Cyprus Mail
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Our View: Upping birth rate not a simple matter of money

Under the headline ‘The four big wounds of the low birth rate in Cyprus’, the Akel newspaper Haravghi arrived at the rather simplistic conclusion that state policy was primarily to blame for the low number of children being born in Cyprus. The implication was that if the state was more generous with regard to maternity and paternity leave the birth rate would somehow shoot up.

There is no doubt we have a problem. At 1.32 births per woman, Cyprus has the third lowest birth rate in the EU, the average of which stands 1.59 births, while the replenishment level is 2.10. We have an ageing population. In 2012 the number of people above 65 was 108,304 while in 2017 it rose to 128,447; for the corresponding years the population below 15 fell from 142,586 to 140,155.

The ageing population is a problem in many EU countries, and there are already major concerns about pension funds being put under pressure in the coming years. One way of dealing with this has been the pushing back of the retirement age, but while this eases the strain on public finances it will not see off the problem, but merely put back the drastic measures that would have to be taken. Attempts to raise the birth rate through incentives from the state have not proved effective.

The Haravghi report nevertheless attributed the problem to the following four ‘wounds’: reduced wages, ‘very low’ payments for maternity and paternity leave compared to other EU countries and the low state spending in the field of health. That money plays a significant part there is no doubt but even in the EU countries which pay higher wages, maternity and paternity leave payments are high and also offer free healthcare for all, the birth rate is still below the replenishment level of 2.1 live births per woman.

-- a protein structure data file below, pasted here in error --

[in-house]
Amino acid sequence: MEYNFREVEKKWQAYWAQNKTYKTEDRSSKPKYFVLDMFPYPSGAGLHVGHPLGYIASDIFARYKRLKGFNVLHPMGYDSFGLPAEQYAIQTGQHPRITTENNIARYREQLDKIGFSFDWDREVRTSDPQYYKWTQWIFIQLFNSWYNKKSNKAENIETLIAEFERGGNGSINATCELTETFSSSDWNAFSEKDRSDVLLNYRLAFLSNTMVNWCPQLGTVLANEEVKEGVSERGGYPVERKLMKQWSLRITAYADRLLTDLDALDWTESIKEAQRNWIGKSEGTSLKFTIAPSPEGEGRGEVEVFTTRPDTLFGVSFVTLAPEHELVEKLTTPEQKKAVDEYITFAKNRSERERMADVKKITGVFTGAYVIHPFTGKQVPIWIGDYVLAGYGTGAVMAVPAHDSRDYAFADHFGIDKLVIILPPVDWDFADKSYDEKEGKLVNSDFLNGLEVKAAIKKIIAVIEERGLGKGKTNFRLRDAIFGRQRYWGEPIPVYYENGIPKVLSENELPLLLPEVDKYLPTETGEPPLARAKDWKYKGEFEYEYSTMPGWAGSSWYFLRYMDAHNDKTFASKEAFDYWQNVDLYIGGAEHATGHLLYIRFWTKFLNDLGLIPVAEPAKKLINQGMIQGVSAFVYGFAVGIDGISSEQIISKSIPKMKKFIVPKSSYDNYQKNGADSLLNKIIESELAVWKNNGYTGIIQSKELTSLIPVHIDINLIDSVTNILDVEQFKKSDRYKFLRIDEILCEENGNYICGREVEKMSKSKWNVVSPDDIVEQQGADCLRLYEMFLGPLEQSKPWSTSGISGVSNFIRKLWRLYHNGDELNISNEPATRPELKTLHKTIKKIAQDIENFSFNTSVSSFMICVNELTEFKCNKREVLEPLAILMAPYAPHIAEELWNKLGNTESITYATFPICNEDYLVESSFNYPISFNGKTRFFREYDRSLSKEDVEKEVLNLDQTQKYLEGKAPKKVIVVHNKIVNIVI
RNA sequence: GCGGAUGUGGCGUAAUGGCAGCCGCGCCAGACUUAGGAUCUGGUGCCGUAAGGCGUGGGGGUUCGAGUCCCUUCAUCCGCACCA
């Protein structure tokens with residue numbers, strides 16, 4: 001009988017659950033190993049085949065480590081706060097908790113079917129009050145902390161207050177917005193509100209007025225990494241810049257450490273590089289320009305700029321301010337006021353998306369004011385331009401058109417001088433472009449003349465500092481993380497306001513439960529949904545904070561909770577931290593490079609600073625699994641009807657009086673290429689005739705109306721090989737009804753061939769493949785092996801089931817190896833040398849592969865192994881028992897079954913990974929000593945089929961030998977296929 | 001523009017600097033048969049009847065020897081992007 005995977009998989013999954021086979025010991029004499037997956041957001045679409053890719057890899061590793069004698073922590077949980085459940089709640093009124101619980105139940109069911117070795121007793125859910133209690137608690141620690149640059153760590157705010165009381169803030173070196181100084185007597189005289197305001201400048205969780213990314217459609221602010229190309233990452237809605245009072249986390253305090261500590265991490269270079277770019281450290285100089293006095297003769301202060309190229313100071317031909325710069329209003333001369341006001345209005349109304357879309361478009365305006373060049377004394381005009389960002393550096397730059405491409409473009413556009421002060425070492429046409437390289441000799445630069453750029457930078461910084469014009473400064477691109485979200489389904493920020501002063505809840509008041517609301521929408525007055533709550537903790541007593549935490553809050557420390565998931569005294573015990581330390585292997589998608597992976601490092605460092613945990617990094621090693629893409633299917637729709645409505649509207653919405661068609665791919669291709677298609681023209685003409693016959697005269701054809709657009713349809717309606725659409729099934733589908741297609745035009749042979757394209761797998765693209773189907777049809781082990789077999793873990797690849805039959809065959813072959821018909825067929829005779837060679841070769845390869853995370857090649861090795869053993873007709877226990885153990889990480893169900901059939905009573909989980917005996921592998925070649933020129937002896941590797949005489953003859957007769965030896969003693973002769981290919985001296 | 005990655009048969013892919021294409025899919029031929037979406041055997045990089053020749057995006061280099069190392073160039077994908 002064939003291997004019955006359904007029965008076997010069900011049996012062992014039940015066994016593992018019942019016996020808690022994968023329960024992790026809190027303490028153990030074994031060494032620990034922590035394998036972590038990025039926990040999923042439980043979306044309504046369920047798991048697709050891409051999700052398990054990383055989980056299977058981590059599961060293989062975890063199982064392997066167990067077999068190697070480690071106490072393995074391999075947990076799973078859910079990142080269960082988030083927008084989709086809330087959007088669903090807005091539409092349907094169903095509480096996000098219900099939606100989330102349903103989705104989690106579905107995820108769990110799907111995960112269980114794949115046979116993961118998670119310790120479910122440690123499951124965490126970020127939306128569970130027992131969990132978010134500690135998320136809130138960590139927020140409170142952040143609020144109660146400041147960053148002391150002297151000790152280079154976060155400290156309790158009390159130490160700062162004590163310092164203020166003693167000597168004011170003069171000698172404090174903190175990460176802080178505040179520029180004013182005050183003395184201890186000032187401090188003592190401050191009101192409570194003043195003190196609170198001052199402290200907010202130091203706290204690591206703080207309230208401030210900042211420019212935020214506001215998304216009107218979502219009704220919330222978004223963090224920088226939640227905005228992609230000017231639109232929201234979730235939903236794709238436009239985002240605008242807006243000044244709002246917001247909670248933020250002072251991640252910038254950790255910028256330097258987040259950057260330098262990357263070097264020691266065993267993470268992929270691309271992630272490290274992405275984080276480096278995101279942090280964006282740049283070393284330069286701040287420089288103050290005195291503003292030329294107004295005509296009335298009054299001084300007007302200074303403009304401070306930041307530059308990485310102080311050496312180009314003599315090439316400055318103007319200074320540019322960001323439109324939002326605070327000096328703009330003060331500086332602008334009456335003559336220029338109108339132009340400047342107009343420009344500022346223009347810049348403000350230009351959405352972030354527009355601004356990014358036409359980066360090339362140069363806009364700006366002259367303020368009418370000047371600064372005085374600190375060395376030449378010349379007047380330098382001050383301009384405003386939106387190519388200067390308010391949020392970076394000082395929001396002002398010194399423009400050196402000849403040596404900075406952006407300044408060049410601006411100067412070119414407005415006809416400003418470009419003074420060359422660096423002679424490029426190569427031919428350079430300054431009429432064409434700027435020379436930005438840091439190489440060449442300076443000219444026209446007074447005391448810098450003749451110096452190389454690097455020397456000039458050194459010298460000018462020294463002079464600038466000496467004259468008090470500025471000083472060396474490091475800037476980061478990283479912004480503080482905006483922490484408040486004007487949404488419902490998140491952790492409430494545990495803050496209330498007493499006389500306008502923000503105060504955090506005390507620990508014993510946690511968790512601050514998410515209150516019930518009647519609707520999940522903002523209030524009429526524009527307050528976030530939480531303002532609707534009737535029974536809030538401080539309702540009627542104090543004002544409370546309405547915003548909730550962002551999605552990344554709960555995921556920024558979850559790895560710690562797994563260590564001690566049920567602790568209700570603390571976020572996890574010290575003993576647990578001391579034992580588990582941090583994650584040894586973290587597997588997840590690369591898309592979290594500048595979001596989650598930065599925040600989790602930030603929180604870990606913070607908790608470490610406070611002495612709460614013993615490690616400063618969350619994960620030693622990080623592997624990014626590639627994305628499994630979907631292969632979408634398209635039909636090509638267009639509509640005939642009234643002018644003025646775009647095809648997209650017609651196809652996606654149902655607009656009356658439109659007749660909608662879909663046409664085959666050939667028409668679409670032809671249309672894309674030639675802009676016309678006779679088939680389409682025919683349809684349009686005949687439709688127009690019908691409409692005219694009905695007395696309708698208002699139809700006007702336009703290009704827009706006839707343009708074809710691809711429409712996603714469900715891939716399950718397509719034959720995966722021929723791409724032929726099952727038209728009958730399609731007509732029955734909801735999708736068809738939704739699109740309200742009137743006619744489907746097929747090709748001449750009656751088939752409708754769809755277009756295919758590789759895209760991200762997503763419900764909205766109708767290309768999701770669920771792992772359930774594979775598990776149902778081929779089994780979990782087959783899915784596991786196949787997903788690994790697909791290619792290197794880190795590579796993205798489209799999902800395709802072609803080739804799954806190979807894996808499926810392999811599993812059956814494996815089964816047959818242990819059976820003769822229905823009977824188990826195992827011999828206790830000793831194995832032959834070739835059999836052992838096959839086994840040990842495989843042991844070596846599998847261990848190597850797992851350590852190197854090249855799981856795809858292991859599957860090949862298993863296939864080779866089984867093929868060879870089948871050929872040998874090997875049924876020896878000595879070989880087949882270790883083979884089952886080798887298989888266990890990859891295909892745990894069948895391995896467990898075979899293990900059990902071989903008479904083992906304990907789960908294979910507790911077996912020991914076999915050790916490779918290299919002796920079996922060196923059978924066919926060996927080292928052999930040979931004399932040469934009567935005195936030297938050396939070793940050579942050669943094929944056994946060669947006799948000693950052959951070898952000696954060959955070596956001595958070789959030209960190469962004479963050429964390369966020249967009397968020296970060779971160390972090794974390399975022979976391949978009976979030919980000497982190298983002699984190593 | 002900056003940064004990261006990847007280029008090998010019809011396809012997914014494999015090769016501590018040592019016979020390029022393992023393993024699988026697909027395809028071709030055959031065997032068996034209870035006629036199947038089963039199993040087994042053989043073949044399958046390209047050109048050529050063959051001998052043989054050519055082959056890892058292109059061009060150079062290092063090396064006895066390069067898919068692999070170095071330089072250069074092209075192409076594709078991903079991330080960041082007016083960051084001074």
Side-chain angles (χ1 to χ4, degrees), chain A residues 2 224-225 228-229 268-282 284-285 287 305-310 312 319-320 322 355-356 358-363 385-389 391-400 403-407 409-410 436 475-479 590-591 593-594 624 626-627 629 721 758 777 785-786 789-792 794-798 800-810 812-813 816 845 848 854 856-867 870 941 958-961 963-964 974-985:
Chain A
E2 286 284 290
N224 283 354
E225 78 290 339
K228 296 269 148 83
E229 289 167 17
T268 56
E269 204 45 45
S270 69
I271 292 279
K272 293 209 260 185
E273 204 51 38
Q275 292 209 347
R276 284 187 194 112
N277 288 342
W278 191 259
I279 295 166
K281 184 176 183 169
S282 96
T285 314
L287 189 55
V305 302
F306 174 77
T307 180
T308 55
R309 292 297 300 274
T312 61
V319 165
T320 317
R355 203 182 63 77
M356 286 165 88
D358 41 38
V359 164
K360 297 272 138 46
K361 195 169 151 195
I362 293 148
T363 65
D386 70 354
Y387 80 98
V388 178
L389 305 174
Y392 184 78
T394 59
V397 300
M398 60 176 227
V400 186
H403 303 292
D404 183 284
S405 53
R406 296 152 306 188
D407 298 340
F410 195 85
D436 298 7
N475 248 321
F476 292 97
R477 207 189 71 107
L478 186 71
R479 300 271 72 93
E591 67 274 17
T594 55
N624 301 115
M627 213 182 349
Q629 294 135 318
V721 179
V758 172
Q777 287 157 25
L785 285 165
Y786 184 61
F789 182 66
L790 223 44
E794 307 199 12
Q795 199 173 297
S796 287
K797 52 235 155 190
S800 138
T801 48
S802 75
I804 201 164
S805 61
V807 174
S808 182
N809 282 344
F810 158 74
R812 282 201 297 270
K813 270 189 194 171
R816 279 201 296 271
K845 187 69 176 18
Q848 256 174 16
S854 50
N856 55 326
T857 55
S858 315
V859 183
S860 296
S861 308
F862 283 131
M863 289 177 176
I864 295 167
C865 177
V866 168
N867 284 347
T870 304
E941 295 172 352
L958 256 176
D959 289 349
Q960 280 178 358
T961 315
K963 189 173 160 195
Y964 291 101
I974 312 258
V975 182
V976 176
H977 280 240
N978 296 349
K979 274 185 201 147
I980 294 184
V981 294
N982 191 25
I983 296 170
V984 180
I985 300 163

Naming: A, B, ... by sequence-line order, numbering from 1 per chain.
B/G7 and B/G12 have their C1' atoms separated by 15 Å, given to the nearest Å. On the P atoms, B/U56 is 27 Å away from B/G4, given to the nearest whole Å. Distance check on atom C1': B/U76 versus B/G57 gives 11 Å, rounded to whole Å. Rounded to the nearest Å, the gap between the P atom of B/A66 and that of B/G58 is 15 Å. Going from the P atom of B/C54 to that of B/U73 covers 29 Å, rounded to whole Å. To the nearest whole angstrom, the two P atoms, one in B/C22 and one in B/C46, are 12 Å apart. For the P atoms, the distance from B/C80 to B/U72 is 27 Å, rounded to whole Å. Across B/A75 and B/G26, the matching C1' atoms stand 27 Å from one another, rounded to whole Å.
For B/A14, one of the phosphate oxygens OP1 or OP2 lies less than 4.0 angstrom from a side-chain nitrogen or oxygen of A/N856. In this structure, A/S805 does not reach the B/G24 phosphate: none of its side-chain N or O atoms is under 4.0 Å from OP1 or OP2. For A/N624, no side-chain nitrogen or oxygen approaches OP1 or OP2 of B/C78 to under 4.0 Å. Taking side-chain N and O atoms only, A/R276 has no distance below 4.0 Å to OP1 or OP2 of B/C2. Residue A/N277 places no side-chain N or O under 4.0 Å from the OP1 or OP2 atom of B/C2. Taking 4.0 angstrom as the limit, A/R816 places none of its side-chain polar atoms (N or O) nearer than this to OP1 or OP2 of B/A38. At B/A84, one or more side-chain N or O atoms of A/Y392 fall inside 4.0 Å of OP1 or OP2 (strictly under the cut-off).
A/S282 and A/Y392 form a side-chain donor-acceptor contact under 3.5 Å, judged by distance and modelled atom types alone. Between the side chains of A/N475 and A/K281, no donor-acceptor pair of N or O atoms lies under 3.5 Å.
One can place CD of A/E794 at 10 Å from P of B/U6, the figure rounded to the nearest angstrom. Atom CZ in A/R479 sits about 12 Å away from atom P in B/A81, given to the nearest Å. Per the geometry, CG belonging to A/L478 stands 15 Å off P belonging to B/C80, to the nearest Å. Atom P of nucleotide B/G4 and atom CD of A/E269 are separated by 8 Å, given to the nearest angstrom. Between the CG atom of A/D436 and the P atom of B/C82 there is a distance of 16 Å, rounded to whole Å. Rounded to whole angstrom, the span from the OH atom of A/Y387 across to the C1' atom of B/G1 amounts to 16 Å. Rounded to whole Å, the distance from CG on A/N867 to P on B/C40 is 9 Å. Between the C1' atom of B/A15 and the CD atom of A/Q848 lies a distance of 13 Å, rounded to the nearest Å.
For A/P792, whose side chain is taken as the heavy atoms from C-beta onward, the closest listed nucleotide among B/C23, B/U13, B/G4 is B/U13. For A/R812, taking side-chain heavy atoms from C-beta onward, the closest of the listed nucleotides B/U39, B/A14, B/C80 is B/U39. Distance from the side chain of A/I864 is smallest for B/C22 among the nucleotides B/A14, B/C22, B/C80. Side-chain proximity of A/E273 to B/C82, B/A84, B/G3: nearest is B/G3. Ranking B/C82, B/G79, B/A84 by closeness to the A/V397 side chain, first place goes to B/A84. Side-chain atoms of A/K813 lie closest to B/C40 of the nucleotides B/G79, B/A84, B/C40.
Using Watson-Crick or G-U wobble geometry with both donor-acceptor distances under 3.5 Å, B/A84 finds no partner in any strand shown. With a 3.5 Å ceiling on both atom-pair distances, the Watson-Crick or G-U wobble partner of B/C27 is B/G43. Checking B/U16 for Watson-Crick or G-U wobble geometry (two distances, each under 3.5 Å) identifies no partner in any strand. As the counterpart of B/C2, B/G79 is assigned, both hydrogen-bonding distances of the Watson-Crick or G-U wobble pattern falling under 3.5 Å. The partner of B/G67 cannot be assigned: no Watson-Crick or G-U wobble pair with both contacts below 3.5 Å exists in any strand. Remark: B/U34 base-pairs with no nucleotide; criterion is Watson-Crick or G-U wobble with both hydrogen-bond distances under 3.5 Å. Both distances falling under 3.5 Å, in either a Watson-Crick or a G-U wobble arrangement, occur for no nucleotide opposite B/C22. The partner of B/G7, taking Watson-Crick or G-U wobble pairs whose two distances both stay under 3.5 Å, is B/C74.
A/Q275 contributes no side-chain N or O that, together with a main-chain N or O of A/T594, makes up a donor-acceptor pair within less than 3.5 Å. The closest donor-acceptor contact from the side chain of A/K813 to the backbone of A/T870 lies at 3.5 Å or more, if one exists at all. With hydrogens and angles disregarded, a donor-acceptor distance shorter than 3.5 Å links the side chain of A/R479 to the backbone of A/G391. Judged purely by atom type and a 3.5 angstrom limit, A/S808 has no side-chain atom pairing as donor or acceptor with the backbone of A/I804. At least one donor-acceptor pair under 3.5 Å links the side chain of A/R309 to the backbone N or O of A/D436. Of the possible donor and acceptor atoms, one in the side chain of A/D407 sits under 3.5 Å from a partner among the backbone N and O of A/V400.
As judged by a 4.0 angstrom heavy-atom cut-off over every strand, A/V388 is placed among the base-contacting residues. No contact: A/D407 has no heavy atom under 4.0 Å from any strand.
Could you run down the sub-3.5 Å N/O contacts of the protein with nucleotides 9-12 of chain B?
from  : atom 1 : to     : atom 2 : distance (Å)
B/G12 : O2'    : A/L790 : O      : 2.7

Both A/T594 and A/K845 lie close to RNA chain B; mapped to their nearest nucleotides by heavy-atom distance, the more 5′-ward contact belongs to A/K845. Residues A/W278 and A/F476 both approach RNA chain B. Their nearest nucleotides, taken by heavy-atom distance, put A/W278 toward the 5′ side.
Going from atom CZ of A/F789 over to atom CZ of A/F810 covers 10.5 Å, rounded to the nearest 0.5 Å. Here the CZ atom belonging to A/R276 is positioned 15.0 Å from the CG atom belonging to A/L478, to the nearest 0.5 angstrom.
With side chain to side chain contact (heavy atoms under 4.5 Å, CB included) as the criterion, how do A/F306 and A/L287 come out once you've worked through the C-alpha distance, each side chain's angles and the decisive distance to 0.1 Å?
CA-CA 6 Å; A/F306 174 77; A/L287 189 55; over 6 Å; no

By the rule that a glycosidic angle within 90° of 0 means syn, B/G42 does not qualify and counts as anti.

Finances do play a part in decisions of couples, but there is a host of other factors influencing these decisions. For instance, family support is not as it was 50 or 60 years ago which means couples have to pay for childcare; many women have children later in life, wanting to establish a career first; couples want to have a high disposable income, which is reduced by expenses of children. Sixty or 50 years ago in Cyprus wages were much lower than today, healthcare was as costly, maternity leave was short, but there was still a higher birth-rate than there is today.

The reality is that lifestyles have changed radically since those days, with living standards steadily rising. People are better off, but they also calculate that having many children would affect their standard of living, eating away their disposable income and their taking up much of the leisure time they value. How these attitudes can change is difficult to know.


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